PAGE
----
In terms of the role of ongoing British colonial legacies in suppressing local voices, this has been facilitated through the official use of English in Pakistan throughout its history, which has not only prevented non-English speakers from engaging with the processes and outputs of government and the judiciary but also from being employed into those sectors and the wider administration. This has had the effect of producing an English-speaking elite in Pakistan, the integrity of which has been protected by the fact that many cannot afford to send their children to expensive English-medium schools. Therefore, many of the English-speaking elite who have dominated influential roles cannot be considered representative of the people, many of whom do not speak English, nor are the elite fully cognisant of or receptive to the peoples’ everyday challenges and concerns which they themselves did not have to face.

Internal Colonialism

Internal colonialism has been considered a crucial factor in some of Pakistan’s most challenging chapters, particularly with regard to the suppression of local languages. Bengalis (belonging to East Bengal, later renamed East Pakistan in 1955) felt alienated linguistically after the first report of the Basic Principles Committee in 1950, tasked with reporting on the “main principles on which the Constitution of Pakistan is to be framed.” The report stated that Urdu was to be Pakistan’s official language. Amena Mohsin has argued that Bengalis “adopted language as the main pillar of their platform against the hegemony of West Pakistani nationalism,” especially after four Bengali students were killed in February 1952 by the police while protesting for Bengali to become an official language in Pakistan.

But divisions between East and West Pakistan would go beyond the issue of language. The governmental centre of Pakistan lay in West Pakistan, over 1,000 miles away from East Pakistan, even though East Pakistan had the larger population. Bengalis were suspicious of West Pakistani hegemony, which became apparent in the neglect of Bengali needs and the economic exploitation of East Pakistan by West Pakistan. Some have thus concluded that “East Pakistan’s relationship to West Pakistan was similar to that of a colony to its metropole.”

Local identities and languages have been further suppressed under the state project to unify Pakistan’s diversity under a single Islamic identity and the Urdu language. There is an explicit tension between the celebration of the country’s diversity and its Islamic identity, even in statements made by Pakistan’s first Prime Minister, Liaquat Ali Khan, when he pitched the Objectives Resolution to the Constituent Assembly on 7 March 1949. Liaquat stated that Pakistan must “make our [sectarian] differences a source of strength to Islam and Pakistan” as long as it does not “obscure our vision of the real goal, which is the service of Islam and the furtherance of its objects.” He explicitly spoke of the integrity of Pakistan’s territories, given the “dictate of geography” separating East and West Pakistan, desiring that “all the areas and units, which form Pakistan, should contribute to the richness of our national life.” But anything which “tends to weaken national unity” will not be permitted.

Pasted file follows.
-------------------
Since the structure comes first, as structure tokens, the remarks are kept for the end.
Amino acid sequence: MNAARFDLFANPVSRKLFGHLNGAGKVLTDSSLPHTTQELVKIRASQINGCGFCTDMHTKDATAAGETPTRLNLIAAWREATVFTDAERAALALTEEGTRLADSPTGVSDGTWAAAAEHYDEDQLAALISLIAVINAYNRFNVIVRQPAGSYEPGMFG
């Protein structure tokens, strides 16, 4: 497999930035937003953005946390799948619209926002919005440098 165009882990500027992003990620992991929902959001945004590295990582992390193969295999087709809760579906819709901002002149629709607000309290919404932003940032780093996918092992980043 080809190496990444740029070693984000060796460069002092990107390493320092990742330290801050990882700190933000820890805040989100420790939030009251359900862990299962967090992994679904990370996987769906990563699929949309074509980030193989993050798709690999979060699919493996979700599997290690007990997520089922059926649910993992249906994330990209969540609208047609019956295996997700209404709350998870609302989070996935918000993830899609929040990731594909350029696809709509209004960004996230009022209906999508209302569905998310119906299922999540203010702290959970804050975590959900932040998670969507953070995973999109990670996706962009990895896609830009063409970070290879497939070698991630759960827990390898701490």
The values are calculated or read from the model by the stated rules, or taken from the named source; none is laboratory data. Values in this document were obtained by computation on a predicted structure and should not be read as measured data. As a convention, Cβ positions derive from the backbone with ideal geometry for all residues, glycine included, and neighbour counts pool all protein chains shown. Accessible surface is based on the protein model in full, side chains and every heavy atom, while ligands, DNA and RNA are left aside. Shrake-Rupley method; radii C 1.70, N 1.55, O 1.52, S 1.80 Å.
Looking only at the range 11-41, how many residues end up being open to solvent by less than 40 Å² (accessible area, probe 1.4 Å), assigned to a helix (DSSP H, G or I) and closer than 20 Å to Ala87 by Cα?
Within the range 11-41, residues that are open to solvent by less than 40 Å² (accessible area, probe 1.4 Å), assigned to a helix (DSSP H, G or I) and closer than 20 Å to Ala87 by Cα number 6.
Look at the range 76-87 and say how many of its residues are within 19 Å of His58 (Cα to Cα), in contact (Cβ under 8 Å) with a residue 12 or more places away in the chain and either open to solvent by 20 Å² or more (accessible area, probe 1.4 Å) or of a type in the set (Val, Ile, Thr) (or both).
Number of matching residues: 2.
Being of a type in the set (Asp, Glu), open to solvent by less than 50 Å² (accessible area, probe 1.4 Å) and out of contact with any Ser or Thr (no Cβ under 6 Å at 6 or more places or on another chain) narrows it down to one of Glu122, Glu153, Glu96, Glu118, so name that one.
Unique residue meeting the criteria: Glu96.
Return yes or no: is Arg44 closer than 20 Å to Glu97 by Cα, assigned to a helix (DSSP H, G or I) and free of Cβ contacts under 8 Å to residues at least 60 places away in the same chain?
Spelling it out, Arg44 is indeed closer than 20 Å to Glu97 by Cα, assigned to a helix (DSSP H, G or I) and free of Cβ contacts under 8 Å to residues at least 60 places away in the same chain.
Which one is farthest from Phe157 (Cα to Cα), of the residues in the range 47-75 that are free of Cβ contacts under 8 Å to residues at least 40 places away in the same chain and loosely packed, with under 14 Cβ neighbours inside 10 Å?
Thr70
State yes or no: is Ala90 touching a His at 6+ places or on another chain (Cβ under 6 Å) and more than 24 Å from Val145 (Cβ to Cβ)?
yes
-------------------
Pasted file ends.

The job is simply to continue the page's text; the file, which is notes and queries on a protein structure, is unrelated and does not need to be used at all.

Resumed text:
However, Islam cannot always be so easily separated from the indigenous, pre-Islamic traditions of Pakistan. Studies are increasingly shedding light on syncretism (amalgamation of different religions) across Pakistan, as reflected in the practices of indigenous communities, influenced by a mix of Islamic practices and beliefs with those of Hinduism and Buddhism in particular. For example, Rafaullah Khan has explored the manifestation of syncretism in the oral and visual traditions of Swat. While emphasising that the ethnic groups of Swat are indeed Muslims, he notes the influence of pre-Muslim traditions and similarities between the figures of Islam, Hinduism and Buddhism. Virinder S. Kalra and Navtej K. Purewal have similarly challenged the neat distinctions such as “Muslim” and “Hindu” in the context of the Punjabs of Pakistan and India, where religion is at times bordered and at other times “borderless”.

To celebrate and raise up, rather than deny, local voices and religious syncretisms would help to garner greater peaceful co-existence among different ethnolinguistic and faith communities within Pakistan. It would also help Pakistan itself to relate more positively towards the indigenous traditions of wider South Asia, which could have transformative implications for internal dynamics and geopolitics. The consequences of not doing so have already been laid bare, as the suppression of provincial languages and identities contributed to the independence of Bangladesh and also tensions between the centre and provincial movements, particularly those of Balochistan and Khyber Pakhtunkhwa. For the government to take proactive steps could also help to lessen the appeal of violence and militancy as a means of securing more provincial or local interests.

Mary Hunter

Mary Hunter is a PhD candidate at the University of St Andrews, researching the Islamisation of Pakistan. She is also a freelance writer on issues relating to Islamophobia, Pakistan and its diaspora in the UK.